A quick “dose” of light rather than a handful of pills may soon prove to be the answer for people who suffer from sleeping problems after a long jet flight or working the swing shift.
Dr. Howard Roffwarg, president-elect of the American Sleep Disorders Assn., predicts that the most effective ways of resetting sleep cycles will likely be based on understanding how changes in body temperature and light affect the brain’s wake-sleep cycle.
“The 24-hour temperature cycle is an important sign of what the sleep-wake cycle is doing,” said Roffwarg, who is a psychiatrist at University of Texas Southwestern Medical Center.
The body’s temperature drops gradually during sleep and rises before waking. “We know that as we change sleep stages, the body temperature changes,” Roffwarg said. “If you try to sleep when your body temperature is on the rise, you don’t sleep long.”
Scientists are working to understand how temperature changes affect disruptions in the body’s circadian, or 24-hour, rhythms. It may explain why people do not do well when they move between time zones or change work shifts frequently.
Some ‘Never Catch Up’
“If you keeping changing time zones or sleep cycle, you never catch up with yourself,” Roffwarg said.
Changes in body temperature also appear to affect bodily functions such as the production of certain key hormones. What researchers do not know is why the body produces most of its supply of adrenal cortisol, the stress hormone, during sleep, he said.
Since exposure to light can affect body temperature, researchers also are studying how environmental light levels affect the brain’s pacemaker and various biological cycles.
In the past, sleep researchers have been able to reset an individual’s sleep-wake cycle naturally over a period of about two weeks. Roffwarg said it now appears that brief exposure to strong light can reset the sleep-wake cycle within 48 hours.
“It may be that we can help people going on trips or facing abrupt shift changes in industry with strategic, short exposures to light,” Roffwarg said.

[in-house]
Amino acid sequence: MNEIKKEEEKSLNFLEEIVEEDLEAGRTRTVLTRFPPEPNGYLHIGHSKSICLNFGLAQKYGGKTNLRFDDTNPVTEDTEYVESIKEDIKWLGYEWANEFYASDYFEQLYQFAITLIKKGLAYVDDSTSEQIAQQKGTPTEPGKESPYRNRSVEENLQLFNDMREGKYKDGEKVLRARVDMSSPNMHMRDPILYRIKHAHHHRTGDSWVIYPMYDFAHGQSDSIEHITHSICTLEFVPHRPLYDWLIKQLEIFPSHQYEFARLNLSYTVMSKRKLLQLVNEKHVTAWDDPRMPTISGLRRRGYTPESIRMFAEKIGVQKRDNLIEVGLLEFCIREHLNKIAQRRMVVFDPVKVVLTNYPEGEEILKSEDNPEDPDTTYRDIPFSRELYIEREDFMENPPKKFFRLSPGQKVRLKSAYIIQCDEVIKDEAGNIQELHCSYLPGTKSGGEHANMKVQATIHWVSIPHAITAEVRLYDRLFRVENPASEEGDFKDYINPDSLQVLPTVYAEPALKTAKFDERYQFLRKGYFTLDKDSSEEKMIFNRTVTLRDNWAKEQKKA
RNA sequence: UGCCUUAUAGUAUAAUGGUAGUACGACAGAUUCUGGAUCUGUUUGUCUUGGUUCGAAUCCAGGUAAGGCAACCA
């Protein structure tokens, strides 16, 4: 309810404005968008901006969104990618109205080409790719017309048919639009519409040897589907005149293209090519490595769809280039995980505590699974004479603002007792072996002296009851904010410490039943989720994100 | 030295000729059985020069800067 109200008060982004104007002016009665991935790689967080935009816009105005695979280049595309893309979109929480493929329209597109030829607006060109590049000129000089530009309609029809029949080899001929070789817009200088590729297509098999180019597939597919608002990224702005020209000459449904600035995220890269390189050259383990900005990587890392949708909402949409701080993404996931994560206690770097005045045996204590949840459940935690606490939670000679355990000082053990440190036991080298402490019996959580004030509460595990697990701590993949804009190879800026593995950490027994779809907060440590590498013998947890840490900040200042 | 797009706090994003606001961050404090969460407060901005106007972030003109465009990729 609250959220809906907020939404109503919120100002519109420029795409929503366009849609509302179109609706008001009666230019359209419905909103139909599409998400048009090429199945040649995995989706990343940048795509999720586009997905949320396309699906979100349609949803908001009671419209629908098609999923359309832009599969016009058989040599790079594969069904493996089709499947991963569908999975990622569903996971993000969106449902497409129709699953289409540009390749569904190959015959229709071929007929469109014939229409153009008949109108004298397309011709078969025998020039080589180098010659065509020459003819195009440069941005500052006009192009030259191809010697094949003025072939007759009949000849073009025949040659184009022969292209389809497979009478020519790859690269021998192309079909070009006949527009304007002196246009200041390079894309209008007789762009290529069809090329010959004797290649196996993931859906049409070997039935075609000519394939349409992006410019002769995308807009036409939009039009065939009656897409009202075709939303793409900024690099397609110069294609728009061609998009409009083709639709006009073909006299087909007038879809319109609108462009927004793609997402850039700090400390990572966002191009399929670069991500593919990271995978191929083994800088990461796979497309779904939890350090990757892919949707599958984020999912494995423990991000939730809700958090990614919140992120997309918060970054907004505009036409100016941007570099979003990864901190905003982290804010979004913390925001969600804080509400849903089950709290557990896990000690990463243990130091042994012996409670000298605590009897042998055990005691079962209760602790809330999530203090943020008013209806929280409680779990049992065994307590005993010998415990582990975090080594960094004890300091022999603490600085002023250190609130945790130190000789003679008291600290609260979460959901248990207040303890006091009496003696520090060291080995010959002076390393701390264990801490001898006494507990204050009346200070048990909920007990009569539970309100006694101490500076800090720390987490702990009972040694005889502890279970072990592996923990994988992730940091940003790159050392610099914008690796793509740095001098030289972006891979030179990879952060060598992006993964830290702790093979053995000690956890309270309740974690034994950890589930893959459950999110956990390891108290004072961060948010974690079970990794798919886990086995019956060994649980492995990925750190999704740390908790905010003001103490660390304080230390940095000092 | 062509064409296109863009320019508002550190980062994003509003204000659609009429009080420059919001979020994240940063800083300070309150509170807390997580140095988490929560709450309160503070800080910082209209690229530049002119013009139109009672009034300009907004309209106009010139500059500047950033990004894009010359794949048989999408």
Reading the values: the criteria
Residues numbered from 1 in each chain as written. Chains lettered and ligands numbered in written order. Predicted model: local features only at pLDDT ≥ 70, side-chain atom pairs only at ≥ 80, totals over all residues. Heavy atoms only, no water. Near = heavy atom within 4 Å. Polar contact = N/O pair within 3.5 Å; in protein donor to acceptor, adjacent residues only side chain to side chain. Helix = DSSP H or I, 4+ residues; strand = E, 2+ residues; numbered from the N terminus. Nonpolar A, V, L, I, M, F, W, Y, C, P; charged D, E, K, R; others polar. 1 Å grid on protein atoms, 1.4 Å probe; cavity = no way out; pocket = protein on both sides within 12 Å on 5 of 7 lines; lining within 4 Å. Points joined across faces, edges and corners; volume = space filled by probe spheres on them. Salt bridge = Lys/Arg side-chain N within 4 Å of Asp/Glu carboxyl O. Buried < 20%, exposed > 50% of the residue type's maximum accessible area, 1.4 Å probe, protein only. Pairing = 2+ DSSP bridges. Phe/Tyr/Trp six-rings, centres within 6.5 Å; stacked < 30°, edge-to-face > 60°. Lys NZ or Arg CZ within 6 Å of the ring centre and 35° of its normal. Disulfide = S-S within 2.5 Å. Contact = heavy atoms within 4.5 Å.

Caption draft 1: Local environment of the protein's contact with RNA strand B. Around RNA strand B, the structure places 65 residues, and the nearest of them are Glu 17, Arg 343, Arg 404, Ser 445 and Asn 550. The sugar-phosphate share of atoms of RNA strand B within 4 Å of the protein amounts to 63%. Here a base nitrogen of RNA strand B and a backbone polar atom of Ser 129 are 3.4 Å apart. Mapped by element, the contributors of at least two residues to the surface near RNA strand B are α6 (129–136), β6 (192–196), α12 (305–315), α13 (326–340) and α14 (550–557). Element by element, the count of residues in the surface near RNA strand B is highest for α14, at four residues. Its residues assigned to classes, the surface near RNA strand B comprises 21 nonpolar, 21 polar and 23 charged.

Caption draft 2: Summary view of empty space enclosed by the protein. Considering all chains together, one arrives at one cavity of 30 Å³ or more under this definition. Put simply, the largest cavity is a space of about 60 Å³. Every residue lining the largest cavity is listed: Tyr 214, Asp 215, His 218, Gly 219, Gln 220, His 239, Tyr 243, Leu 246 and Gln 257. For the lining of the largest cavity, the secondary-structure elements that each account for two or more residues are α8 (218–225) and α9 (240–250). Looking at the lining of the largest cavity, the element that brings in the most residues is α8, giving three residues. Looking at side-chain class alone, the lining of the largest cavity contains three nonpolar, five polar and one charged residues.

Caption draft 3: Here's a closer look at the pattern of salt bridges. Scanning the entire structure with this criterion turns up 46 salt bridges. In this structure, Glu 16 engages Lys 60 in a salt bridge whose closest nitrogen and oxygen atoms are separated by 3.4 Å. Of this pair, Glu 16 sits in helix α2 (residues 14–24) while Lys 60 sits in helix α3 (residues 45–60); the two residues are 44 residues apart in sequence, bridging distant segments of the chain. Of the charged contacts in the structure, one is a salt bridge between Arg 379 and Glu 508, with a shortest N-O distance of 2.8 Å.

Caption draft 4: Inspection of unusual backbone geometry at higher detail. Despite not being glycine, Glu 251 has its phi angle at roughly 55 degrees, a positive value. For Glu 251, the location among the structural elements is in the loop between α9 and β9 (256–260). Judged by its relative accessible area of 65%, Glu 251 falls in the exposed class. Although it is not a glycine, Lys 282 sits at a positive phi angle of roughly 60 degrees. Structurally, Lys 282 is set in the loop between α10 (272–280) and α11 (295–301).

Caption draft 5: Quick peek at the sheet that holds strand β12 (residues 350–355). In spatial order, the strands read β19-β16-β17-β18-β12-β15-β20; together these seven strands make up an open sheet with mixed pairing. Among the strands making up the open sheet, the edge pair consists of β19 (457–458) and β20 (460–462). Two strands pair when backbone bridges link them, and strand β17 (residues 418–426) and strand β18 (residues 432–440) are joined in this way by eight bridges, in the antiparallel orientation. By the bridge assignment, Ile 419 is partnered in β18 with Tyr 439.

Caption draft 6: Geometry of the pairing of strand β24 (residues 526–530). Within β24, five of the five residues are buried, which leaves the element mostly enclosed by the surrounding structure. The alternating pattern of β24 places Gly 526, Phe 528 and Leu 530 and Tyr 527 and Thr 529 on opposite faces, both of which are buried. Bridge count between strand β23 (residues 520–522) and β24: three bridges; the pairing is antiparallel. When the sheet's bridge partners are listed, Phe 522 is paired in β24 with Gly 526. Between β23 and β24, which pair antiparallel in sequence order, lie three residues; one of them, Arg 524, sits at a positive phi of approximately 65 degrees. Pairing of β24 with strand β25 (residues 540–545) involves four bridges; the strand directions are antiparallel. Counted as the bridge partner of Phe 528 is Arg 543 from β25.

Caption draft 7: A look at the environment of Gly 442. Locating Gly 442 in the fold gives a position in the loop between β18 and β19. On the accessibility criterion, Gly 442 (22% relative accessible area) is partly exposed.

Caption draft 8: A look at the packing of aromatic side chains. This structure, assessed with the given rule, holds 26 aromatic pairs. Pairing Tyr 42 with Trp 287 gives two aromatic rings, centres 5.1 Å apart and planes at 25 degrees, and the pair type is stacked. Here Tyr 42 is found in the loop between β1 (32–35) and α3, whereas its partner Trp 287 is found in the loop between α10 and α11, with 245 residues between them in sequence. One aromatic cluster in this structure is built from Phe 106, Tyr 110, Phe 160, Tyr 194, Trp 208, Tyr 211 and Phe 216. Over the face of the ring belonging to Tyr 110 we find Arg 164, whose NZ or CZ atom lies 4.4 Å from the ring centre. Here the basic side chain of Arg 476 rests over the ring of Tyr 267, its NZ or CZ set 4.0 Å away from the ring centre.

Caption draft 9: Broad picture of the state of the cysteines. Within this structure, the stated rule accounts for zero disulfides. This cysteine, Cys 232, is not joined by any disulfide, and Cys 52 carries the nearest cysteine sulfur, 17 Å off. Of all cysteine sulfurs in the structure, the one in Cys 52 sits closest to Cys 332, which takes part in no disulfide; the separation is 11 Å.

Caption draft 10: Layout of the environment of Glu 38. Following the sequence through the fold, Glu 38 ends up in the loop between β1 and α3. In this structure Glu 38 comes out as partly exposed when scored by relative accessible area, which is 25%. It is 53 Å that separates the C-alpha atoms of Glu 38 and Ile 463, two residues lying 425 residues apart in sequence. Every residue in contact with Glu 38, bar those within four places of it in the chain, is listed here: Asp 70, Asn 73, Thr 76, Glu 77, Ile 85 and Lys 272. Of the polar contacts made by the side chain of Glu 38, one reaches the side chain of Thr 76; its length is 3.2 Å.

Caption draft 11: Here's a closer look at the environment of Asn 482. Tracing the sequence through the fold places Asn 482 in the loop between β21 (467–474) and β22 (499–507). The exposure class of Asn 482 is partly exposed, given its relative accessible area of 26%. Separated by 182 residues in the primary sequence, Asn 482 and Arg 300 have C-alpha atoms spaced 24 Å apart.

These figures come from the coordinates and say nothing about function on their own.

Jet Lag Booths
Psychologist John Herman, an associate of Roffwarg’s at the medical center here, said he envisions airport booths where long-distance travelers can drop in for a “dose” of light to reset their biological clocks.
Understanding how the sleep-wake cycle works means that doctors can use behavioral means of treating sleep problems rather than rely on drugs, which can have adverse side effects.
It is now understood that insomnia, the inability to sleep, is a symptom, like pain.
“We used to think insomnia was all psychological. Now we know only about 50% to 60% of it is psychological,” Roffwarg said in a recent interview.
About 10% of those who complain of insomnia actually do sleep, but are unable to differentiate between being asleep and awake, Roffwarg said.
The rest have difficulties with breathing or involuntary body movements.
Insomnia as a Habit
Depression, anxiety and worry still are very important components of insomnia that lasts a few nights, but some people develop a persistent conditioned, or learned, insomnia after a temporary loss of sleep.
“A few people begin to get conditioned, and it feeds on itself. They start worrying about it during the day. They approach sleeping hours worrying about not sleeping. They try to sleep, and the more they try, the more difficult it becomes,” Roffwarg said.
For such patients, the bedroom becomes a place where they cannot sleep. Roffwarg said they often think a lot at night, and this type of insomnia seems to be alleviated if the individual can be trained not to think by using biofeedback and relaxation techniques.